This Arctic Life: Young Leaders Lend Voices on Culture and Climate Change

Sally Jewell, U.S. Secretary of the Interior

By Sally Jewell

Yesterday, at the opening of the Conference on Global Leadership in the Arctic (GLACIER), I had the opportunity to meet some extraordinary young Alaskans who are taking important steps to make a meaningful impact on the future of their communities. These young leaders realize there is a need to increase understanding and awareness of our rapidly changing Arctic environment, among the fastest-warming regions on earth.

Their voices and solutions for how to sustain communities, cultures and the environment in a changing Arctic are the reasons why they were selected for the United States Arctic Youth Ambassadors program. In the coming months, an additional 10-15 youth ambassadors will be selected. The program was created by the U.S. Fish and Wildlife Service and the U.S. State Department in partnership with nonprofit partner Alaska Geographic to increase outreach and education during the U.S. Chairmanship of the Arctic Council.

I had the privilege of meeting James Chilcote, Haley Fischer, Barae Hirsch, Griffin Plush and Byron Nicholai, who are the next generation of conservation and community leaders – young Arctic stewards of their cultures, and our lands and resources, who we must invest in now to help us take action against a changing climate.

I learned a lot about these young students’ lives in Alaska and their plans for the future. James, a Gwich’in Athabascan from Arctic Village, who will attend the University of Alaska Fairbanks this year, said his dream in life is to keep the porcupine caribou safe from environmental harm; Haley recently participated in the Inter Tribal Youth Climate Leadership Congress and is a member of  a whaling crew in her home town of Barrow, Alaska; Barae is president of the West High School Green Team in Anchorage and is a teen reporter for the Alaska Teen Media Institute; Griffin is a member of Alaska Youth for Environmental Action, who will study environmental policy at the University of Alaska Southeast this year; and Byron Nicholai, who remarkably, has more than 18,000 followers on Facebook, is a talented musician from Toksook Bay who performed for U.S. Secretary of State John Kerry at the Arctic Council Chairmanship reception.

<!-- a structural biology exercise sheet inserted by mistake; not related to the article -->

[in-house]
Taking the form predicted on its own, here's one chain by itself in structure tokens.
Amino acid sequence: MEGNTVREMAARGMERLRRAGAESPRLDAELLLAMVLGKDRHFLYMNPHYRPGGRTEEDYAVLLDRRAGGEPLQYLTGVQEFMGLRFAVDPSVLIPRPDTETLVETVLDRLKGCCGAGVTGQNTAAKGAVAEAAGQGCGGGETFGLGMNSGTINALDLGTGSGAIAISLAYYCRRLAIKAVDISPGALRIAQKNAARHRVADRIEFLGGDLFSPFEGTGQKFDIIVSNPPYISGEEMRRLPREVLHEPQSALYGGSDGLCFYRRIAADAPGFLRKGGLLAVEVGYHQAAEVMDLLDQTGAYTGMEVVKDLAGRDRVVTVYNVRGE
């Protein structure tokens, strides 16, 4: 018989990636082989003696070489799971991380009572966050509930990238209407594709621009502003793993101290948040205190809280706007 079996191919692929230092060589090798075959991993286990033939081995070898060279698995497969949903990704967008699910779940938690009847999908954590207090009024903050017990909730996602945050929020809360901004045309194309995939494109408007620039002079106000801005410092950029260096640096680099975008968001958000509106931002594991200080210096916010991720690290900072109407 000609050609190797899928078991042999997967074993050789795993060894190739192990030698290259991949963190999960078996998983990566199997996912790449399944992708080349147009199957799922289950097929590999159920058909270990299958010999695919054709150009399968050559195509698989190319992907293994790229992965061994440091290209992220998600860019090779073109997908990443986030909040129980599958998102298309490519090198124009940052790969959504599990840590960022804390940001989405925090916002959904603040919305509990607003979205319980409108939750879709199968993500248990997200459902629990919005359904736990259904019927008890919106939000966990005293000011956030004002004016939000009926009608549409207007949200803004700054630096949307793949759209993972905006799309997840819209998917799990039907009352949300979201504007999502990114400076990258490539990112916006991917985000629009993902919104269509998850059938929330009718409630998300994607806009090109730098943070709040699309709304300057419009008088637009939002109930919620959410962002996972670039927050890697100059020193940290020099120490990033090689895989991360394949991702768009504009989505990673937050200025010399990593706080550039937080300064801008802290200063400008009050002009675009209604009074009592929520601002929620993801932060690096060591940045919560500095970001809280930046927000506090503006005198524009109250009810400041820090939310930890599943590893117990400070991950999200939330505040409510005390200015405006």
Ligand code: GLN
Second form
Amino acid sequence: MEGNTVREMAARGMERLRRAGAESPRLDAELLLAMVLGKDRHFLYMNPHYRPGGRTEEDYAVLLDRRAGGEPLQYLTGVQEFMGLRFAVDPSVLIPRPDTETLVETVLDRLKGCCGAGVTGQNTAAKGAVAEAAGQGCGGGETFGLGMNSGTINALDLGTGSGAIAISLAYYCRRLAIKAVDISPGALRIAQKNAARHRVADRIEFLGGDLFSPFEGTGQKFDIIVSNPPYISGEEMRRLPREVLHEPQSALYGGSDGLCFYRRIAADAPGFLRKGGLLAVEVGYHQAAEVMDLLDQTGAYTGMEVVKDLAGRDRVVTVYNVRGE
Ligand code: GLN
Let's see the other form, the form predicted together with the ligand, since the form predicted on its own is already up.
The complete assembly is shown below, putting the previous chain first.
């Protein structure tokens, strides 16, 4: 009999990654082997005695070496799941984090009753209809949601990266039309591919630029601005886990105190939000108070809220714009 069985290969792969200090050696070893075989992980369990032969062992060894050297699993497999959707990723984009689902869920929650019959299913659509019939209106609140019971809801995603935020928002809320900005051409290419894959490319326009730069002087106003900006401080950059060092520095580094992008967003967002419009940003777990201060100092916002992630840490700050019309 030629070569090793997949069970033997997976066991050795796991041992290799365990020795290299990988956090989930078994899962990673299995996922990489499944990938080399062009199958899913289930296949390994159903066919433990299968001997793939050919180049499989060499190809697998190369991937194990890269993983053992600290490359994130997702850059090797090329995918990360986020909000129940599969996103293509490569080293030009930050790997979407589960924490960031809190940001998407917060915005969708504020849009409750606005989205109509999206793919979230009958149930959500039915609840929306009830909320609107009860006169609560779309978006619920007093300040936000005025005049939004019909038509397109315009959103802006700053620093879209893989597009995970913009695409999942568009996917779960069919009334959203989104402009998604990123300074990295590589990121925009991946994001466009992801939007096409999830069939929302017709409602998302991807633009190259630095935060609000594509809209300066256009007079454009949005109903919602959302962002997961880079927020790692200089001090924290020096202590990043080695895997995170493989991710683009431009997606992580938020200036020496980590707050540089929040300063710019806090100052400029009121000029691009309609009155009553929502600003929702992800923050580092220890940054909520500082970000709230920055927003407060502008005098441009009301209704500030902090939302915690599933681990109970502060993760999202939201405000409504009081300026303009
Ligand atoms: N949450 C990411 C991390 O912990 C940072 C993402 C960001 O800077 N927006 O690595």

Four Arctic Youth Ambassadors with Secretary Jewell and Secretary Kerry

(Byron Nicholai, Barae Hirsch, U.S. Interior Secretary Sally Jewell, U.S. Secretary of State John Kerry, James Chilcote, Griffin Plush, Haley Fischer (not pictured))

These young leaders are impressive!

We also discussed the challenges of building awareness of the Arctic. Even within Alaska, many young people from Alaska’s largest urban areas, like Anchorage, have never had the opportunity to engage with other youth from rural Alaska or been to a village. They know little about how the rapidly changing environment in more rural areas is affecting the daily life and culture of their peers. And urban and rural youth often lack the opportunity to participate in life-changing leadership experiences in the world of policy deliberation and decision-making. That’s a big reason why the Arctic Youth Ambassadors Program is necessary – to provide an avenue for youth to do just this. 

Over the next two years, these young ambassadors will learn more about Arctic communities, cultures, and the environment that provides the basis for the food supply for Arctic families, as well as their cultural and spiritual identity. They’ll do so through a series of rural field expeditions, science seminars, and engagements with Alaska Native elders and other leaders from around the world.
For the next few days of this important dialogue at the GLACIER conference, the students will attend key policy sessions with trained scientific and policy experts to familiarize themselves with issues like Arctic climate change, biodiversity, the sensitive Arctic ecosystem and the dependence Arctic residents have on these resources. Their assignment is to apply their communication and social media skills, to amplify these lessons on a local, national and international level with their peers around the world. After this training, they will serve as mentors to the new ambassadors who will join them in the fall.

When we can excite and encourage youth to serve their communities and serve as an inspiration to the next generation of leaders, as we know these five ambassadors will, then we’ve invested wisely in our future, and more importantly, in theirs.